Should we take care of others – even those who cannot take care of themselves?

  • Leviticus 23:22
    – Don’t harvest all of your crop. Leave some for the poor and alien.
  • Mark 2:1-5
    – The text is clear that salvation comes to the paralytic due to the faith and actions of the four friends.
  • Mark 9:36
    – Wanna be great? Be last and serve all.
  • Matthew 7:12
    – Do to others as you’d have them do to you.
  • Matthew 25:31-46
    – Even the least of these are to be fed, given something to drink, clothed, welcomed, taken care of when sick, and visited even in prison.
  • 1 Corinthians 13
    – Love does not insist on it’s own way.
  • Philippians 2:1-5
    – We should look not to our own interests but the interests of others.
  • Romans 15:1-7
    – We are to bear the burdens of the weak.

Copyright 2011.  Rev. Troy Sims

3 Responses to “Christian Nation?”

  1. By Bubba on Jun 16, 2011 | Reply

    Then how and why has Chistianity failed in communicating the clarity needed to see what you have outlined? Is there an element of reflection and humility missing? Is this the failing of the pastor?

  2. By Bubba on Jun 16, 2011 | Reply

    Or (oh my) the Christian educator?

  3. By Troy Sims on Jun 17, 2011 | Reply

    There is much blame to be spread around to all who serve in the church – lay and clergy alike – including myself.

    I think there are three main problems:

    1) Fear – In this highly politicized and polarized culture we find ourselves in today, it is much easier to skirt these ideas. Jesus offended folks, but we are unwilling to do so even it it means staying true to the Gospel and example of Jesus, whom we are called to emulate.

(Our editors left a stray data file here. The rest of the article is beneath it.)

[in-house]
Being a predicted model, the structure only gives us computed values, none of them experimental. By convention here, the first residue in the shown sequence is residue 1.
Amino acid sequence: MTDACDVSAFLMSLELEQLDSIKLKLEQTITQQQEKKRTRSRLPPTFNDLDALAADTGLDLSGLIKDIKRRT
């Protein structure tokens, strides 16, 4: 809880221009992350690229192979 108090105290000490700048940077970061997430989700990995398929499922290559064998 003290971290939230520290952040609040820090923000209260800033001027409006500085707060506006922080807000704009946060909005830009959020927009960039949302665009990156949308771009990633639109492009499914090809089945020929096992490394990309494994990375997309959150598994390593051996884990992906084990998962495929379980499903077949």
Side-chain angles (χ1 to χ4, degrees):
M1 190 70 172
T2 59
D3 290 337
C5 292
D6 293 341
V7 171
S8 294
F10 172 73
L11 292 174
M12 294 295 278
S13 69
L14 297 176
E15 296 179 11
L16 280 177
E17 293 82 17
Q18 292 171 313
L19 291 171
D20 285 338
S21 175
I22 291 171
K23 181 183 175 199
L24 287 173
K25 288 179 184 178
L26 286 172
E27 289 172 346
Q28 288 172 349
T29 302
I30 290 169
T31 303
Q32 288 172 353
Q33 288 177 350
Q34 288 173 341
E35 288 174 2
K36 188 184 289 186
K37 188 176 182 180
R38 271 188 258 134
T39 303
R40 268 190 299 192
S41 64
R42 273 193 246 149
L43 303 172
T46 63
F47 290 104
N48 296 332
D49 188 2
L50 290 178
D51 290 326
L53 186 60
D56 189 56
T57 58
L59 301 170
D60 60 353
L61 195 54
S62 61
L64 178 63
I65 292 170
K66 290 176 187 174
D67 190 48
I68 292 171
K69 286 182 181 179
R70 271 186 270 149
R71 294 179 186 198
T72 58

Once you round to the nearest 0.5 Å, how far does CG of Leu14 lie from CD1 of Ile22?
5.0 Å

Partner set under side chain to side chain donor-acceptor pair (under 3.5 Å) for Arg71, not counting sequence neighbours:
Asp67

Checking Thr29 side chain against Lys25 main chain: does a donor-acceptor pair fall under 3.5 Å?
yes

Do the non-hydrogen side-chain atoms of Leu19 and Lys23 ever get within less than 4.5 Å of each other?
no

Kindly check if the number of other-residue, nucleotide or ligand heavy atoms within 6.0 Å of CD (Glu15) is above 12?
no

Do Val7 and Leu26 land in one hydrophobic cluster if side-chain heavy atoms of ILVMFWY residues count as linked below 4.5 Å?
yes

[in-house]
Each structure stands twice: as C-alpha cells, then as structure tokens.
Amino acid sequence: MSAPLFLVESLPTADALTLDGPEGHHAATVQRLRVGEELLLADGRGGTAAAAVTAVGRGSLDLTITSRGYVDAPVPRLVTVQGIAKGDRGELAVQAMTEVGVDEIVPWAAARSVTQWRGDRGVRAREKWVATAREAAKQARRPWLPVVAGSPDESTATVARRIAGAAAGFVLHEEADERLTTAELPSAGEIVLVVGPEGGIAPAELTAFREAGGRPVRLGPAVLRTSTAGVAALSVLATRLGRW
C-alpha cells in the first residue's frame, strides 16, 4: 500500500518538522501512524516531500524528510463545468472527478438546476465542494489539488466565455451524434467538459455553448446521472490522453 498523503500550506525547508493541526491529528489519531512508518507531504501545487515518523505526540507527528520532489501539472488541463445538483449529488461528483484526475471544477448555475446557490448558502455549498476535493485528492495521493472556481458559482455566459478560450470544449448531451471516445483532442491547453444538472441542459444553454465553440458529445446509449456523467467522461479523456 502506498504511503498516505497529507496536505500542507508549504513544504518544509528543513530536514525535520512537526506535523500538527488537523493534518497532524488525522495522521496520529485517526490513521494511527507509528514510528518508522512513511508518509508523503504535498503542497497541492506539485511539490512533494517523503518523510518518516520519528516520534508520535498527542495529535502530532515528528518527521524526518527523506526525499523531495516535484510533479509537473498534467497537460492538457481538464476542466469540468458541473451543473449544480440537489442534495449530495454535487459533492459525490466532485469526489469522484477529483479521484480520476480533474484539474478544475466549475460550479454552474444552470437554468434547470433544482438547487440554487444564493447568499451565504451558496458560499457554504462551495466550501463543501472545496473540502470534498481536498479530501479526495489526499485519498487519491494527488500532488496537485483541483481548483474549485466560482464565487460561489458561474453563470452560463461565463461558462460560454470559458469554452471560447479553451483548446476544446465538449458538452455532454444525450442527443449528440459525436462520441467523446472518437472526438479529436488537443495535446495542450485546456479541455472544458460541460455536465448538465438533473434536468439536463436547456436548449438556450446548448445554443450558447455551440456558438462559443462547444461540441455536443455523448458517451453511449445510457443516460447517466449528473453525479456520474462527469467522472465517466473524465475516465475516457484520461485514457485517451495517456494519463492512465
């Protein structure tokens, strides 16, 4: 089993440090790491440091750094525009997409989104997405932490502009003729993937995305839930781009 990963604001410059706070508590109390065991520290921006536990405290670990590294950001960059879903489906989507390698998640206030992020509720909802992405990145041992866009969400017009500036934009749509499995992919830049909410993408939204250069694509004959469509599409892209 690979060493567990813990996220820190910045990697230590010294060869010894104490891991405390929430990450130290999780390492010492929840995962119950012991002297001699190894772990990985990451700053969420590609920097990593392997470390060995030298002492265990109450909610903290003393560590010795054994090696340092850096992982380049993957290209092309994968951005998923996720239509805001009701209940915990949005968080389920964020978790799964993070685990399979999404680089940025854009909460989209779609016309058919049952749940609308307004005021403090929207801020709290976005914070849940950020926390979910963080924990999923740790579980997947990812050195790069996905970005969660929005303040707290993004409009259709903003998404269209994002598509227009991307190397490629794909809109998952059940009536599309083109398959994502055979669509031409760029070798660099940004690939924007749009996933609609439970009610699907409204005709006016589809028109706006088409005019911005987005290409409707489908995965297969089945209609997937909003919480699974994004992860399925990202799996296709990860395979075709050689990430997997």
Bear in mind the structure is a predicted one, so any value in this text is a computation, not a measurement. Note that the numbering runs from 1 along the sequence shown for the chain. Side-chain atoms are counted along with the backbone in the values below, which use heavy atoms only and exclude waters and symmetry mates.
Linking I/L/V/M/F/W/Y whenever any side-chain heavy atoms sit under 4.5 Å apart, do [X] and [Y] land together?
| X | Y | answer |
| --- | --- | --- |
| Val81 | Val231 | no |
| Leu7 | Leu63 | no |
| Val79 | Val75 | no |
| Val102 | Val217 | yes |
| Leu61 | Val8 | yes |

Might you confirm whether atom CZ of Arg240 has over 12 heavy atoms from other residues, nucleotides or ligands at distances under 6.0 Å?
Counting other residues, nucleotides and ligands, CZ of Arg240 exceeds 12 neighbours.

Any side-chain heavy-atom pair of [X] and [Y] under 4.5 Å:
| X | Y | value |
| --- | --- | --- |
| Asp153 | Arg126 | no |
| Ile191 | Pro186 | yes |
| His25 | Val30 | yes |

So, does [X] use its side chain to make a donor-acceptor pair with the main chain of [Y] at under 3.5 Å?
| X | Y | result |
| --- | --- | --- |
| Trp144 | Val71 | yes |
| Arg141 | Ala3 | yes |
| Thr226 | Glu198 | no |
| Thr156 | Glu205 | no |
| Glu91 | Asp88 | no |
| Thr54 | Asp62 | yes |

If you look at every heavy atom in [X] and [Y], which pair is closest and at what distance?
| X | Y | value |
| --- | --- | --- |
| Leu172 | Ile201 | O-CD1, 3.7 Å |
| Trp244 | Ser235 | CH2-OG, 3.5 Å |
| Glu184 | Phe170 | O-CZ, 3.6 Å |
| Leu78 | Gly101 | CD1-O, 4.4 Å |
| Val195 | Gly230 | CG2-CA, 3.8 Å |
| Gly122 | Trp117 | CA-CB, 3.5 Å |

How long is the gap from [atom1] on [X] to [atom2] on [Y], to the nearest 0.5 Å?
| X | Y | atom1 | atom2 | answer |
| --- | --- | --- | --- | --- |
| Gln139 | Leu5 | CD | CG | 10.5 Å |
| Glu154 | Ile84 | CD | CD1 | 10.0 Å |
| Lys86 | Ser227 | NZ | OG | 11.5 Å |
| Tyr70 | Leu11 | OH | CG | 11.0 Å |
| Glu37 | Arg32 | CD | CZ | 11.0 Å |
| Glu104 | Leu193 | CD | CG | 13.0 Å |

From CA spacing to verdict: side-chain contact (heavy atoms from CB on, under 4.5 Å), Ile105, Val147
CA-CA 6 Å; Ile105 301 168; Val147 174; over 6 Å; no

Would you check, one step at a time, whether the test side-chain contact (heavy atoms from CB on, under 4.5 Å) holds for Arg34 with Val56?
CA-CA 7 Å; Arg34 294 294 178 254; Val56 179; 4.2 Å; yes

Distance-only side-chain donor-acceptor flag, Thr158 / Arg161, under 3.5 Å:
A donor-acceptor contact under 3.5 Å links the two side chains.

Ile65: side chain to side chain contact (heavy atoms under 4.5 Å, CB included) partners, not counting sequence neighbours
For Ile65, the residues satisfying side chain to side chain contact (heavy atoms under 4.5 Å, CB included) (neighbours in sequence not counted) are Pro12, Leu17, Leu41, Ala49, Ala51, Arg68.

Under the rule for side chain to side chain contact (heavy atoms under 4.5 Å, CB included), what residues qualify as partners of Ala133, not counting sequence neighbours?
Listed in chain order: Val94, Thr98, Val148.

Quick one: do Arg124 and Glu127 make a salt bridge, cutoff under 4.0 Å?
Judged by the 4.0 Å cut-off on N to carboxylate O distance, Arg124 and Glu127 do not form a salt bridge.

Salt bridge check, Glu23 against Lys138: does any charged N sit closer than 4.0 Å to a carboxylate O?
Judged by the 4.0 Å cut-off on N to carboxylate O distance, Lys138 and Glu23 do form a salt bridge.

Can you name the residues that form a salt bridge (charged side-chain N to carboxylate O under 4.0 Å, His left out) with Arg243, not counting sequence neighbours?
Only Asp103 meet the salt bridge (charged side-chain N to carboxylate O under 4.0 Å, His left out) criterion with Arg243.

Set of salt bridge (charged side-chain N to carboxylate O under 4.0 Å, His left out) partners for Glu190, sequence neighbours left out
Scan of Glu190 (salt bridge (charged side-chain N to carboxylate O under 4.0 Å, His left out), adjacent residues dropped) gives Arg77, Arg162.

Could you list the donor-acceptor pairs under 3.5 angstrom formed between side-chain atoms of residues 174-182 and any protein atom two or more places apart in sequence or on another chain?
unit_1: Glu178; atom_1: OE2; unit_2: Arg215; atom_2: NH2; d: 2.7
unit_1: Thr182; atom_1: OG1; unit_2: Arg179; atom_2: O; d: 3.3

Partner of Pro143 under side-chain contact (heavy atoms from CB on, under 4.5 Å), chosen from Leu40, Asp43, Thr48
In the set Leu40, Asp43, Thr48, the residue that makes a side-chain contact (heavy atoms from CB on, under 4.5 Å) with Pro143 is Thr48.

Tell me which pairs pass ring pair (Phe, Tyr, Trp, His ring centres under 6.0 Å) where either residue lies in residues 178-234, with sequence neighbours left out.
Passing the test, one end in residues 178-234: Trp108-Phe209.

2) Over-simplification – We have over-simplified Jesus’ message, making it an entirely (or almost entirely) personal transaction between “me and Jesus.” We’ve lost any sight that Jesus and the early church was probably as much or more concerned with changing community and culture than the individual heart (though that IS a GOOD place to start).

    3) Loss of Jesus’ Message – This is related to point 2. We’ve made Jesus’ message all about “me getting into heaven.” Thus, we focus primarily on Jesus’ birth (he had to get here to get me to heaven), and his death, resurrection, and ascension (he had to get to heaven first, so I could follow). In doing this, we deny that the vast majority of each of the four gospels is focused on Jesus’ teaching, which focuses primarily on bringing God’s kingdom here on earth (as it is in heaven) as opposed to getting us out of here. This is much easier and simpler than thinking about changing our society or culture.